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The NUS MBA gave me the platform I needed to change my career. Here’s how it enabled me to move from engineering into venture capital.

Joe Zhang, principal at TNB Aura, was working as an engineer and project manager in the oil and gas industry when the oil price collapsed in 2014.

He was keen to change careers and move into the financial services sector, but when he started to apply for jobs, Zhang realised he lacked the knowledge he needed to make the switch.

As a result, he decided to do a Master of Business Administration (MBA) to fill the gaps.

The National University of Singapore’s (NUS) Business School programme stood out from other institutions for a number of reasons.

Not only did it have strong academic credentials, ranked as the top MBA programme in Singapore and the 15th best in the world in the Financial Times Global MBA rankings for 2020, but the programme’s strong focus on Asia also appealed.

In addition, Zhang says the NUS programme was better value than MBAs offered by business schools in the US and Europe, while at 17 months, it was also shorter, enabling him to get back into the workplace quicker.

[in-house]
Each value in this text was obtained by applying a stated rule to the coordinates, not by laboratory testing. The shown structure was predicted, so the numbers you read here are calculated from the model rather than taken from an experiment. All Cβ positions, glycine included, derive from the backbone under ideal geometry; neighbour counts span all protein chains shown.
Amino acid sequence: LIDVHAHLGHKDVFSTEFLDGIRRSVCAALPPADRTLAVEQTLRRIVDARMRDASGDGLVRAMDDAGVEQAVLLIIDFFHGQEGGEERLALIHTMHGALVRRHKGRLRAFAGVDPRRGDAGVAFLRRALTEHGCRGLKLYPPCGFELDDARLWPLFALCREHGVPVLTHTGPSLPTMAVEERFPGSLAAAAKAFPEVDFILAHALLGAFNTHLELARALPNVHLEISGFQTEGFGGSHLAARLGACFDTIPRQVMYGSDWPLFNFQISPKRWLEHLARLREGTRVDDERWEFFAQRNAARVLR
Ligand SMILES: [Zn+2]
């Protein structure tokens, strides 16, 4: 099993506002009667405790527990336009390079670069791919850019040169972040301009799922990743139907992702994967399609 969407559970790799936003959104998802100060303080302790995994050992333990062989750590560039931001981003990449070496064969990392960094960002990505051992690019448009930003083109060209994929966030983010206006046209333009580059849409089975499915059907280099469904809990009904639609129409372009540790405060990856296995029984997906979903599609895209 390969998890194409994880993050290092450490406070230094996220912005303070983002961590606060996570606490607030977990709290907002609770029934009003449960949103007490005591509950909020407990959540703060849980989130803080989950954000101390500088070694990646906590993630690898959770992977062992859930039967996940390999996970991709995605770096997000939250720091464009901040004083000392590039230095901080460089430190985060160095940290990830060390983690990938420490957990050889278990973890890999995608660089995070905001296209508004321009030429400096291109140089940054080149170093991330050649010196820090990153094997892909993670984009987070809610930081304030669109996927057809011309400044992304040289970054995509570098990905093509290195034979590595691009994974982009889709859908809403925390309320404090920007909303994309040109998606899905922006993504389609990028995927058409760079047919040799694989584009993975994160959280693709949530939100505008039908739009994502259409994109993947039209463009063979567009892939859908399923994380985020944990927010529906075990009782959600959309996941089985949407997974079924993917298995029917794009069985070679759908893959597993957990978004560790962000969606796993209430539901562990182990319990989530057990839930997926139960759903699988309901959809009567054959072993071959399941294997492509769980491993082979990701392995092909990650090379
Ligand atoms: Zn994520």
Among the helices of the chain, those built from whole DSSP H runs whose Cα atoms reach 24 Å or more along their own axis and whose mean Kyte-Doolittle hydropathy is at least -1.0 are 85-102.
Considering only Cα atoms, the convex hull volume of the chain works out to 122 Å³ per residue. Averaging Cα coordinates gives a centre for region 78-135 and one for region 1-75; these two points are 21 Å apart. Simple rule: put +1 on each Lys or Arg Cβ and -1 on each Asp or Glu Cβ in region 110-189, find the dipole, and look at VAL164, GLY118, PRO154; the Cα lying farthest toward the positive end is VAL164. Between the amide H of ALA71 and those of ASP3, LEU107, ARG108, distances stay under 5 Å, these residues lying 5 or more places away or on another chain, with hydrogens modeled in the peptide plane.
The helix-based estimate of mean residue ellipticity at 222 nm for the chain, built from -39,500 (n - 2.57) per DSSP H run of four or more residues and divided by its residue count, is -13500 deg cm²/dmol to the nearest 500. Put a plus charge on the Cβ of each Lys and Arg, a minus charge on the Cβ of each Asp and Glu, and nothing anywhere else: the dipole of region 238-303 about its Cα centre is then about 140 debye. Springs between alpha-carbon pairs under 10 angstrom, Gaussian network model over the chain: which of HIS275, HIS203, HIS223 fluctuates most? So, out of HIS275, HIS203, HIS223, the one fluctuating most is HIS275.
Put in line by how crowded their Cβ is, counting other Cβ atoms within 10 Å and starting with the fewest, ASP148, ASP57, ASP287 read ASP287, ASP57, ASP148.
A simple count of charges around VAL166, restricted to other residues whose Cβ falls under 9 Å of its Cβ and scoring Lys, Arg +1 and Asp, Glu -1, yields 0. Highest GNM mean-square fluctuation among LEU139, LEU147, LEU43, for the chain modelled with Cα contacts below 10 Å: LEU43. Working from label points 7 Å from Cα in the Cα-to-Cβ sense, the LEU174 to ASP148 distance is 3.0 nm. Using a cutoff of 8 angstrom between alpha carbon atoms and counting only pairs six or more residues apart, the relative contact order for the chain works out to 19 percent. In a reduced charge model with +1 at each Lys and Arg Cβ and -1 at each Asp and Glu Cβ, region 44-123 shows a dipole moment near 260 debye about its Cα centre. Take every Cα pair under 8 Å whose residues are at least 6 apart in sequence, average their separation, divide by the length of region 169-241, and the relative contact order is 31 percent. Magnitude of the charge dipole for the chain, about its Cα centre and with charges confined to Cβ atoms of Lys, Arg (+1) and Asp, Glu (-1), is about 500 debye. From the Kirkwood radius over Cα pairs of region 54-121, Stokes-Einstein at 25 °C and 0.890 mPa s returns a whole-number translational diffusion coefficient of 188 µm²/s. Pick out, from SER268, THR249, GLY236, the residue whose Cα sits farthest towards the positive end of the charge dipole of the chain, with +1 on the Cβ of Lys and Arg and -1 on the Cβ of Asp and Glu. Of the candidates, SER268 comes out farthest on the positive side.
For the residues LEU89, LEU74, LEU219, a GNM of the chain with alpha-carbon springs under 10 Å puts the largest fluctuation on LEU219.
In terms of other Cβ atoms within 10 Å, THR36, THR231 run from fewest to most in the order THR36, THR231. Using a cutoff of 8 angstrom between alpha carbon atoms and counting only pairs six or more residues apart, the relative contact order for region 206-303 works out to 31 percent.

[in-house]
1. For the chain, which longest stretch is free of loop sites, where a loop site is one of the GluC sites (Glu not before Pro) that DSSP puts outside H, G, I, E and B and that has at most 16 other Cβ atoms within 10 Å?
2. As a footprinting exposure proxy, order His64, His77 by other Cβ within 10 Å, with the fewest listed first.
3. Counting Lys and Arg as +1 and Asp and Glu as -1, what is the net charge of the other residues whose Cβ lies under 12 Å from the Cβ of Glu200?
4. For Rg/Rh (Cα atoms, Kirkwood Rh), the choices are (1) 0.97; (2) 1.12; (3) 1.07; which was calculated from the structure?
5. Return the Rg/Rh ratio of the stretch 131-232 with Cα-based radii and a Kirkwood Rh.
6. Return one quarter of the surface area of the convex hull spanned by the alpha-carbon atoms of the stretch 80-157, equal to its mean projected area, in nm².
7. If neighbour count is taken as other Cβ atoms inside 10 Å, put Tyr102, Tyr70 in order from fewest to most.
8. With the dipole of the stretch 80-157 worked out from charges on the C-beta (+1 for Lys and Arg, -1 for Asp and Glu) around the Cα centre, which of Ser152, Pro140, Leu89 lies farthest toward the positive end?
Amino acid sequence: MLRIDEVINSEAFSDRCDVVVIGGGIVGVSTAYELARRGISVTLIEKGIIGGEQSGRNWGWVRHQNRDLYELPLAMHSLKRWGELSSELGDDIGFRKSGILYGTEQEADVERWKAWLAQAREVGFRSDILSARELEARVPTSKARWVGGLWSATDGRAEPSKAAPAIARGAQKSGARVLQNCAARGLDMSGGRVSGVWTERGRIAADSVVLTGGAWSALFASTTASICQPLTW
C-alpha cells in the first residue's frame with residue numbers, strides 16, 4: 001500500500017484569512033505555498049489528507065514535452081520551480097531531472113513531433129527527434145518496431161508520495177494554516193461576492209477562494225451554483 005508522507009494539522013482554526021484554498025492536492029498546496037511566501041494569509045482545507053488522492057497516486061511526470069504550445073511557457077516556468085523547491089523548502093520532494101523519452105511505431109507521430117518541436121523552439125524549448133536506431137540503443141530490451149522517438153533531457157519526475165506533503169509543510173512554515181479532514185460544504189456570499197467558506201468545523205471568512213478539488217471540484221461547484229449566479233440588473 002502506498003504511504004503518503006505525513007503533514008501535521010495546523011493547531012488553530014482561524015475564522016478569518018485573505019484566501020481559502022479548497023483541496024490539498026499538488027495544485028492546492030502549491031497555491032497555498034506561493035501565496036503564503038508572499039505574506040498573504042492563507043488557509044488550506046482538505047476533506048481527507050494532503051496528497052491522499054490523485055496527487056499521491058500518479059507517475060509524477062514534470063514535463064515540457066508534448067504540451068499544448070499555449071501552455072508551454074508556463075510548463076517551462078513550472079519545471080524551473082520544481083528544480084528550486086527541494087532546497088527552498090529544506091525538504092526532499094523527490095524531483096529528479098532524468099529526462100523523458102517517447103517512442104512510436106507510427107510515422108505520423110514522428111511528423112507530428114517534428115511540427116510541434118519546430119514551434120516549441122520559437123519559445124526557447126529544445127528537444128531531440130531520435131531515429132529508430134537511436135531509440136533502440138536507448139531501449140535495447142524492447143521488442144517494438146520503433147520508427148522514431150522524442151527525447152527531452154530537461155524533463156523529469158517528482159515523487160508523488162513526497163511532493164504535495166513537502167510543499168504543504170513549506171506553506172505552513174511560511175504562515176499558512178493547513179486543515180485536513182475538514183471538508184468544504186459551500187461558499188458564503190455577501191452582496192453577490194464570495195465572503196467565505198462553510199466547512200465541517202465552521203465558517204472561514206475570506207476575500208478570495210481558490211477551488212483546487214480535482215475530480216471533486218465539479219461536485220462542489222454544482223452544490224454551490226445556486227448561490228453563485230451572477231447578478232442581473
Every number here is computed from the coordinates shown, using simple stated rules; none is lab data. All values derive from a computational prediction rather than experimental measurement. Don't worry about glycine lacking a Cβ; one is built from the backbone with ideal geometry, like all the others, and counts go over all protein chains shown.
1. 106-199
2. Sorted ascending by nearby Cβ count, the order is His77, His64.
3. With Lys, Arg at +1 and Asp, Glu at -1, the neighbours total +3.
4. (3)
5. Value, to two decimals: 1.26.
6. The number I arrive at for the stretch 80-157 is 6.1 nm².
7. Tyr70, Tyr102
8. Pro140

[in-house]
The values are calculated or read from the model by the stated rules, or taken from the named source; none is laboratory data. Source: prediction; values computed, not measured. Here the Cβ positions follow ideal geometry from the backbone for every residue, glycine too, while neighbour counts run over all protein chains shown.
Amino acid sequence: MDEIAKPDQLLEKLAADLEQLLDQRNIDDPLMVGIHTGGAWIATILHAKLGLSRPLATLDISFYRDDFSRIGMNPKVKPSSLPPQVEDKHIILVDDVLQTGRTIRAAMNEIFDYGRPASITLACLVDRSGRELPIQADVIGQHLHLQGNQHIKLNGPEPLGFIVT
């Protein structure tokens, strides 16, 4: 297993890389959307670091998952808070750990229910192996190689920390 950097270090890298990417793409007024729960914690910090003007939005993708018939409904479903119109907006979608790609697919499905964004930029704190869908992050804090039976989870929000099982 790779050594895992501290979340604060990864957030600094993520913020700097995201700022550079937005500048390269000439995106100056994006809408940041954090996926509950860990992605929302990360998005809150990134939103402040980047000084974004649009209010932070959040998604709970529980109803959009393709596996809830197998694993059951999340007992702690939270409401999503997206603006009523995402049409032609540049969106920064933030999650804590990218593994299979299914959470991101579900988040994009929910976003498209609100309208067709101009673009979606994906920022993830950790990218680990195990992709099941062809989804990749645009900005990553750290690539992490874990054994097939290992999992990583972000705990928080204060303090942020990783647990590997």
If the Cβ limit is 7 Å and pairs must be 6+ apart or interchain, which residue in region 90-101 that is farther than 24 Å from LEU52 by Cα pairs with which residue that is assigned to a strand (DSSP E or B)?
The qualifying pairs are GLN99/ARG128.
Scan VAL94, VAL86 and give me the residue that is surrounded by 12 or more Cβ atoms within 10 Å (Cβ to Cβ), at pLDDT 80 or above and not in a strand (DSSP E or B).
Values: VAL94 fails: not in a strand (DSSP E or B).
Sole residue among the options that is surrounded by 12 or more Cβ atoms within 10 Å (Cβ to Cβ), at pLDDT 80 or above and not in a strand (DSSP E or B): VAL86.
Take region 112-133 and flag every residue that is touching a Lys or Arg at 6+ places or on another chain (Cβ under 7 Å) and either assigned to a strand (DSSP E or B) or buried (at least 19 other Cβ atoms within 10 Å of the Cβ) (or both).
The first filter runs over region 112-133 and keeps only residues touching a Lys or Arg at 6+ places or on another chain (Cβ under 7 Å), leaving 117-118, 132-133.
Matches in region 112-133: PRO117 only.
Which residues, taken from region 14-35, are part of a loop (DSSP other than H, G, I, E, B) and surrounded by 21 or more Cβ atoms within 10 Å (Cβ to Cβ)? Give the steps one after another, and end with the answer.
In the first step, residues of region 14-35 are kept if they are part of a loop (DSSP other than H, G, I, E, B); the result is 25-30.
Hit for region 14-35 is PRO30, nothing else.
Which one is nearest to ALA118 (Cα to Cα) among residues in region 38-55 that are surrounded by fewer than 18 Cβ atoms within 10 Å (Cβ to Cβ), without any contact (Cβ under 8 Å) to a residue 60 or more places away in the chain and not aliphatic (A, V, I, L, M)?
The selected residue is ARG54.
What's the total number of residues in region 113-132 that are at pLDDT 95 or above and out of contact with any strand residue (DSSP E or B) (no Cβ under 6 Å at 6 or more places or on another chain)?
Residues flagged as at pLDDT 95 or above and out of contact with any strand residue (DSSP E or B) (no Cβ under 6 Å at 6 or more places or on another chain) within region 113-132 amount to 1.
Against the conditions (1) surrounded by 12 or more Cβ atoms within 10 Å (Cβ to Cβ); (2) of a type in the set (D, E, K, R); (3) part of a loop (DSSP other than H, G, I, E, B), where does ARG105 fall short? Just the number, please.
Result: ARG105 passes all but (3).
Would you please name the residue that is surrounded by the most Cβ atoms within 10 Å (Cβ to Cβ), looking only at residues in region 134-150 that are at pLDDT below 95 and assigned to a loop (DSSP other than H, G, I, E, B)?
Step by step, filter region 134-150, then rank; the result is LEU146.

He has never looked back. “I am currently working in a venture capital fund, which was a huge career switch. The MBA helped me to pick up the necessary financial knowledge and skills to make this happen,” he says.

The programme’s structure, with 10 core modules and seven electives in areas ranging from strategy, finance, consulting, innovation & entrepreneurship, analytics & operations to digital business and more, enables students to shape their learning around their own interests and career goals.